Global attention is turning away from the AIDS epidemic at just the wrong time and that means a fresh wave of the disease could infect millions of people in high-risk countries, a leading expert said.
Alan Whiteside, director of the health economics & HIV/AIDS research division (HEARD) at Kwazulu Natal University said many African countries, where the disease poses the biggest threat, were failing to implement long-term prevention measures and needed help to plan for the battle ahead.
The AIDS threat is still very real in places like Swaziland, Lesotho, Botswana, Namibia, Zimbabwe, Zambia and Malawi and South Africa, he said, and a sense that the international community is ticking it off as “dealt with” is highly risky.
“(Fighting) the AIDS epidemic had a huge amount of support for many years, but there seems to be a perception now that it has been dealt with and we can turn our attention to other issues.
“This is most emphatically not the case in a number of parts of the world. It is not appropriate to turn our backs on it,” Whiteside told Reuters in a telephone interview from South Africa, where the disease kills an estimated 1000 people a day.
Some 33.4 million people in the world have HIV, the sexually transmitted human immunodeficiency virus that causes AIDS. Since AIDS emerged in the early 1980s, almost 60 million people have been infected and 25 million have died of HIV-related causes.
Sub-Saharan Africa is by far the worst affected region, accounting for 67% of people infected with HIV and 91% of all new infections in children, according to United Nations data.
Health workers, education programmes
Whiteside said health ministries needed to use aid funds now to equip and train health workers and produce safe-sex education programmes to combine the importance of AIDS with a better grasp of the long-term impact of the disease on their countries.
The United States and South Africa recently pledged renewed efforts in the fight against AIDS. In December the international health funding agency UNITAID approved plans for a drug “patent pool” to help make newer HIV and AIDS medicines available at lower prices to poorer countries.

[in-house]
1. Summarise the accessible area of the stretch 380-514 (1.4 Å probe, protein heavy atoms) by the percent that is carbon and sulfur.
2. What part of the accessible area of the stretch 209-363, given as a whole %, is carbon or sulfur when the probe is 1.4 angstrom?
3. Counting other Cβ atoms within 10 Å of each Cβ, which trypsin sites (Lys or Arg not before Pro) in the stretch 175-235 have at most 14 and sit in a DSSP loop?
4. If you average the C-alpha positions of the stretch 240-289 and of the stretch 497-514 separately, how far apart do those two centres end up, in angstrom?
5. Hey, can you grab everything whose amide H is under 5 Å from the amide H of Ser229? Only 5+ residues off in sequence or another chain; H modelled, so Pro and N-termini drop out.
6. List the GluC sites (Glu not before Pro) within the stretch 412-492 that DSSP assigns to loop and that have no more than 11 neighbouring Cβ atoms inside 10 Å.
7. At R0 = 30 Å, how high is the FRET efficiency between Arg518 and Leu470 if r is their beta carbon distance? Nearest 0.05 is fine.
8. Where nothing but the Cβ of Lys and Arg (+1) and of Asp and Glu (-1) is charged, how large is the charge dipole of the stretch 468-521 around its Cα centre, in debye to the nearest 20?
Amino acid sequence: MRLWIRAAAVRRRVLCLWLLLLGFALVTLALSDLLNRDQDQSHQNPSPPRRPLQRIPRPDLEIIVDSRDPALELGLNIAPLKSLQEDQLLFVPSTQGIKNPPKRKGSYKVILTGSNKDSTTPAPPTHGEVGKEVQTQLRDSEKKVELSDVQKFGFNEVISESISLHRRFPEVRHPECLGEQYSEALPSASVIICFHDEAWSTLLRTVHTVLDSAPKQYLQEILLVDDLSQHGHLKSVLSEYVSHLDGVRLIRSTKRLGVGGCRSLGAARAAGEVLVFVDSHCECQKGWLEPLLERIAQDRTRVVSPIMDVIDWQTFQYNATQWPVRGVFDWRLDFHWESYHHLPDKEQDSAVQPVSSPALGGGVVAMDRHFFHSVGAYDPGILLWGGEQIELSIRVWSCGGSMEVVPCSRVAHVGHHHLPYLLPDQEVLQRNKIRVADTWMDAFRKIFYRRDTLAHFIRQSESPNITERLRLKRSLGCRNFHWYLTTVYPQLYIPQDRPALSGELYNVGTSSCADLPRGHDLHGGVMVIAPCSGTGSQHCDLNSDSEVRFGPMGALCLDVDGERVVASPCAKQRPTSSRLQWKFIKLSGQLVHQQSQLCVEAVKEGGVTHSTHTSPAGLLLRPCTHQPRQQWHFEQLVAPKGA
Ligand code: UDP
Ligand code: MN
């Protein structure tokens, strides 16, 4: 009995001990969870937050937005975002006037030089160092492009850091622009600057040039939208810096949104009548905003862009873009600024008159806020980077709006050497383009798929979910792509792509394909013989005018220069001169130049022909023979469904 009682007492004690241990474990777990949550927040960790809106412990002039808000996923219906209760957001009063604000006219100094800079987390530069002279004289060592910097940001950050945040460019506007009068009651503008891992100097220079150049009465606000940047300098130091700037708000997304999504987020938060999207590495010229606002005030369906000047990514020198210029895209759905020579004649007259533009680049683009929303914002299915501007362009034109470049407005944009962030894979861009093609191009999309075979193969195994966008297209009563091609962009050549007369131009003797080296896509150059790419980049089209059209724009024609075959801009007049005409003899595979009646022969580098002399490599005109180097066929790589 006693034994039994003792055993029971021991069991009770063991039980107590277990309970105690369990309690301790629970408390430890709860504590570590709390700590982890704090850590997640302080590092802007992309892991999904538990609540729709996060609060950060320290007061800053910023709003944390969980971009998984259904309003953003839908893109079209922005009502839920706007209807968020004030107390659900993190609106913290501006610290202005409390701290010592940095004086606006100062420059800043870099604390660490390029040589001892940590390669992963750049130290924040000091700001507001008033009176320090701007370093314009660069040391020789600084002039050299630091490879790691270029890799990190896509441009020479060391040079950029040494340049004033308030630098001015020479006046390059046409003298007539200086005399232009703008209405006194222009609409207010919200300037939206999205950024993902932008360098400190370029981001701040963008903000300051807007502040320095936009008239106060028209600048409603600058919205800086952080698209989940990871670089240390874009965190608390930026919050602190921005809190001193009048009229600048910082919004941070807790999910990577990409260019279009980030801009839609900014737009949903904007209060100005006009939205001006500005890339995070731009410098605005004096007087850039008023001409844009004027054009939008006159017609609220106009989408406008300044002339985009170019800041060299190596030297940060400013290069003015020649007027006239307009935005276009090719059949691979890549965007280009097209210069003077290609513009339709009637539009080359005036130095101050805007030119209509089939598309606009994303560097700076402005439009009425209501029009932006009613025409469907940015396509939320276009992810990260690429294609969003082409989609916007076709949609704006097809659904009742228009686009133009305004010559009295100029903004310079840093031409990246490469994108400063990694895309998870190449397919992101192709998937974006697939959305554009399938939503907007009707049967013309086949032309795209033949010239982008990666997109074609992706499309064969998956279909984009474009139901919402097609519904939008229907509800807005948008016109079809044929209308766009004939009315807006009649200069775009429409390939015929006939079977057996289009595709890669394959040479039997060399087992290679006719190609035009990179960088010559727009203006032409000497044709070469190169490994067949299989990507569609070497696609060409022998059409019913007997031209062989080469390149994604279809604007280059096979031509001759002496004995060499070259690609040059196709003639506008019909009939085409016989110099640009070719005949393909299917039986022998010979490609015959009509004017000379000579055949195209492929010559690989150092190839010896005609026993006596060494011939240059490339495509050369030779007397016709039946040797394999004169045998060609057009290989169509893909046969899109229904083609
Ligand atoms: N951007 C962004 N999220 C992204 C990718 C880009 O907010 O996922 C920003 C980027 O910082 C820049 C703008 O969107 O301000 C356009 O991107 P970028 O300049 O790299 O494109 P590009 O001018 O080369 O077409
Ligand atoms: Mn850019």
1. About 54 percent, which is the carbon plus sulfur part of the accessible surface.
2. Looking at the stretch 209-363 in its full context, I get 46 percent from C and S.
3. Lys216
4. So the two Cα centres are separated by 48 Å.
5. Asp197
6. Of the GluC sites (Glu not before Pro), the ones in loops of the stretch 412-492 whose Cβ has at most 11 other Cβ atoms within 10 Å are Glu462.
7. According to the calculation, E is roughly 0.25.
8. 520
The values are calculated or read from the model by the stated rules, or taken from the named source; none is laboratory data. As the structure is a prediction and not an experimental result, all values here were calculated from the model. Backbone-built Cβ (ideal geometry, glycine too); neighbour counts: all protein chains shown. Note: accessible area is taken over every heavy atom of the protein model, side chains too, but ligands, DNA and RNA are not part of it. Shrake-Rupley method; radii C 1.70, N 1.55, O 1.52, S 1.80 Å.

But Whiteside said a growing sense that AIDS is no longer an emergency was bound to feed politicians’ desire to be seen to be taking on new threats.
Climate change and the environment are the big issues now, and politicians may abandon the battle against AIDS, he said.
“At the moment, millions of Africans are on HIV/AIDS treatment courtesy of the Americans, the Global Fund and other donors. Those treatments have to be for life, so if we see a redeployment of funding, people are simply going to die.”
Whiteside pointed to “hyper-endemic” African countries like Malawi and Swaziland, where AIDS is so widespread that half of all women aged 25 to 29 have HIV or AIDS.
Prevention programmes are crucial in such countries, he said, but are often patchy and suffer from governments’ lack of leadership and cross-department, long-term vision.
Though clearly a personal and community disease, AIDS also threatens civil institutions like the health, agriculture and education sectors, which are needed to cut poverty, spur economic growth and raise living standards.
“We don’t seem to have got our head around prevention in the hyper-endemic countries,” he said. “We’ve still got new cases occurring and that’s ridiculous, it’s stupid, especially when you look ahead and see what that means in terms of the numbers of people that will need treatment. If we don’t put our effort into prevention, we’re likely to see more waves.”